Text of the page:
The Incorrigible Night Owl

January 15, 2005

She finally asked

My daughter is a Beatles fan.

The Beatles are part of our everyday lives here at home. There's a framed picture of them keeping watch over our living room. We see their faces every day, hear their music every day, and watch them on t.v. several times a week, at least. We talk about them in the same way we'd talk about family members who lived far away or were no longer with us. So they are a constant presence here. Madalyn knows that John and George are in heaven and Paul and Ringo are "still here."

One of Mad's favorite movies is A Hard Day's Night. She asks to watch "Paul's grandfather" several times a month. This morning was one of those times.

The movie was going along and it came to the scene on the train where George and Ringo are talking and G. hands R. a cigarette. We've talked about it before but she asked me again, "What was George handing Ringo?"

I told her it was a cigarette, to smoke, and took the opportunity to do an anti-smoking PSA. I got in front of her where she had to look at me and said, "That's the reason George went to heaven. He smoked too many cigarettes and got sick and died. So it's not good." (Gotta start early, right?)

I walked into the kitchen and that's when she asked me something she hadn't before; something I wasn't sure I knew how or wanted to deal with. She said, "How did John die?"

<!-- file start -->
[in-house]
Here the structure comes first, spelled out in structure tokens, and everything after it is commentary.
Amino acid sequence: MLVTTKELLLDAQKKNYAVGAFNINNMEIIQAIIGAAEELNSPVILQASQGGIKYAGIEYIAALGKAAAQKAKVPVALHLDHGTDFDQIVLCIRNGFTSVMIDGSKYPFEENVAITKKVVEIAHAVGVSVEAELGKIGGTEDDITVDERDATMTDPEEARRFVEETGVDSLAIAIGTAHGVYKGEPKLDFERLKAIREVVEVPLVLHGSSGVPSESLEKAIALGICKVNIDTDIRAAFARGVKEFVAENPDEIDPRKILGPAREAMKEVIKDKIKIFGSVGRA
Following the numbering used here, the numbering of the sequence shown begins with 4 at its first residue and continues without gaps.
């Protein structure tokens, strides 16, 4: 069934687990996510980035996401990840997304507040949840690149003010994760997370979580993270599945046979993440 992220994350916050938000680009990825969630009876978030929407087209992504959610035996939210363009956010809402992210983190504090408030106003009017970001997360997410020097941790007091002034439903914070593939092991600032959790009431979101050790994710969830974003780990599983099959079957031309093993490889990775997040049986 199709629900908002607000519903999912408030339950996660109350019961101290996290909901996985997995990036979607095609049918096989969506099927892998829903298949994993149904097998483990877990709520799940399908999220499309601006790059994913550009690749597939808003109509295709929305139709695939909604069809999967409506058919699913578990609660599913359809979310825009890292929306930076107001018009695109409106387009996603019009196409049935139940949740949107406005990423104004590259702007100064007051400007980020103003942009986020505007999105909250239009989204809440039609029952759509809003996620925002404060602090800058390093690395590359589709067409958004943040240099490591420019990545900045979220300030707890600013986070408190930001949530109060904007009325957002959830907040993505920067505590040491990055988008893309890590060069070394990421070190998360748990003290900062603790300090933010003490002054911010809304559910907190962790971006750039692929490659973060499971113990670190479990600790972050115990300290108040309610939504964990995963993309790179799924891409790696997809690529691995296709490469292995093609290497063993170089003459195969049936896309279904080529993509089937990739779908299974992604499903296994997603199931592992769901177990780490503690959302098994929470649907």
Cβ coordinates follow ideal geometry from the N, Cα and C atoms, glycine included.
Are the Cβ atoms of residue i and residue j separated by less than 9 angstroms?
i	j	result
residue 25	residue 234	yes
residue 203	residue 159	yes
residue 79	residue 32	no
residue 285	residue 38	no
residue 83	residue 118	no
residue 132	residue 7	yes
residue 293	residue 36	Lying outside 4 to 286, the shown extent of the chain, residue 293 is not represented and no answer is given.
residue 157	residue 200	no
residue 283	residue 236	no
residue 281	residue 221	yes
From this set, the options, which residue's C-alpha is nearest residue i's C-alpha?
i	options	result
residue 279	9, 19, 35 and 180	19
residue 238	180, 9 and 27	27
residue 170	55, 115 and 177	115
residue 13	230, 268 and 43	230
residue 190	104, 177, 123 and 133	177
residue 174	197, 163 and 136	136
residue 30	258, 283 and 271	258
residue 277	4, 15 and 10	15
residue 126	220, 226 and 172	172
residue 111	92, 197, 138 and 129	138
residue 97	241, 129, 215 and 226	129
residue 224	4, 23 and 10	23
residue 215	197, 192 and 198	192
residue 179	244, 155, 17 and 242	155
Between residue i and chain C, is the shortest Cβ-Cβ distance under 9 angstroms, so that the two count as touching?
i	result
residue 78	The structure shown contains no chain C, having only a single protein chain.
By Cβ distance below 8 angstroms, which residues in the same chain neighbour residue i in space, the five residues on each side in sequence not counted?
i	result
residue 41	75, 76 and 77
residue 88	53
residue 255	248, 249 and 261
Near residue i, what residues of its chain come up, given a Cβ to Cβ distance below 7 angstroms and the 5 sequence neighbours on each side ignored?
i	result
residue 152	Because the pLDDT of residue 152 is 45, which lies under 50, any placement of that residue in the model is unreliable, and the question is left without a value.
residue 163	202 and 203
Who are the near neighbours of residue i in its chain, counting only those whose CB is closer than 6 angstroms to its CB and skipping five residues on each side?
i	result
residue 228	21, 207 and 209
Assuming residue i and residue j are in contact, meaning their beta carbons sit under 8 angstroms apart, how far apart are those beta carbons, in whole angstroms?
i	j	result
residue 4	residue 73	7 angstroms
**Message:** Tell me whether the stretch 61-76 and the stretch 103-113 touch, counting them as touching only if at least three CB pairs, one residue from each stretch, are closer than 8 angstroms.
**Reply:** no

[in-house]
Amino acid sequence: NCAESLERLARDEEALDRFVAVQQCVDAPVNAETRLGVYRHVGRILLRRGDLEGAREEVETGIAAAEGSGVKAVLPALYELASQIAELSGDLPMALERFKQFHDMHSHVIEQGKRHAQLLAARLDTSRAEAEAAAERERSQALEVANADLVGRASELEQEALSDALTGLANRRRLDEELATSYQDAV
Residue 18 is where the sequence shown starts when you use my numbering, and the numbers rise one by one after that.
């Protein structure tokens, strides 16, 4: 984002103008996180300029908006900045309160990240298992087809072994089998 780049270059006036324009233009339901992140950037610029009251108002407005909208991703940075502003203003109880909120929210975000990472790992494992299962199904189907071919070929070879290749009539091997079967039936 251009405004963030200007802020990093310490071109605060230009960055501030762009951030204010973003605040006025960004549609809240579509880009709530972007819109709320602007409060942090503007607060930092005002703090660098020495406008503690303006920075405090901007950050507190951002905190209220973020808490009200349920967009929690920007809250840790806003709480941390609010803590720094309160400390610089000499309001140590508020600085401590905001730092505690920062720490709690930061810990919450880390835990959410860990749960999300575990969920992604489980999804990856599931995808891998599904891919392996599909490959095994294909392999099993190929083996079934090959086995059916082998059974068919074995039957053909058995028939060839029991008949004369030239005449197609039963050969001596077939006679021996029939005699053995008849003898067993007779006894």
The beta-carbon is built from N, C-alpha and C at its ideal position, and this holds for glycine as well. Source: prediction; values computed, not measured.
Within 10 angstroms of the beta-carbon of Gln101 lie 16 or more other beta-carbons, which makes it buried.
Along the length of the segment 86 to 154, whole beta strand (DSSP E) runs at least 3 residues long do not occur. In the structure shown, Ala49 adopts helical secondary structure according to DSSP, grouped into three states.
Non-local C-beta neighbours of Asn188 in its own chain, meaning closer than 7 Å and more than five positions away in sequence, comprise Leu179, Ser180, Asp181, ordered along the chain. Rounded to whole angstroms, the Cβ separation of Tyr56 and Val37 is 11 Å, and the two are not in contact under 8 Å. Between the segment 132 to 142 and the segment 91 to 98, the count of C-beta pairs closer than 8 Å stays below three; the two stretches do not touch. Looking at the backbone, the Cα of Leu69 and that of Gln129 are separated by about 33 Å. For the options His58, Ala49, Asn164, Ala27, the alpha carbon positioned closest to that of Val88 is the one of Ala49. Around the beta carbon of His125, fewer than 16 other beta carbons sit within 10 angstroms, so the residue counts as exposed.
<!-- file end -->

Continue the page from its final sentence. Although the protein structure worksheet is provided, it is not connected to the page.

I always thought that, when she asked, I might be tempted to sugar-coat the truth some. But then the moment arrived and I realized she needed to know the truth. I needed her to know the truth. So I told it to her. I said, "A bad man shot him with a gun."

She looked at me for a full five seconds as the information sunk in. Then she asked, "Did he (John) try to shoot him first?" That's a four-year-old, I guess. In her innocence she couldn't grasp the fact that one person might shoot another for no reason.

I said, "No, John was just trying to go into his house." And that's where I started crying, of course. I was in the kitchen looking at her through the window and I don't think she really noticed.

She digested the info for a minute and said, "Then he went to heaven?" and I said yes. That seemed to satisfy her and she turned and went back to her movie.

So that was it. I knew she would ask, eventually. I hadn't purposely tried to hide the information from her but it was something I felt there was no need to discuss until she brought it up, herself. I definitely feel I did the right thing by telling her the facts. She seemed to take it well. If she has any more questions I will certainly answer them.

I just wish my answer could be different.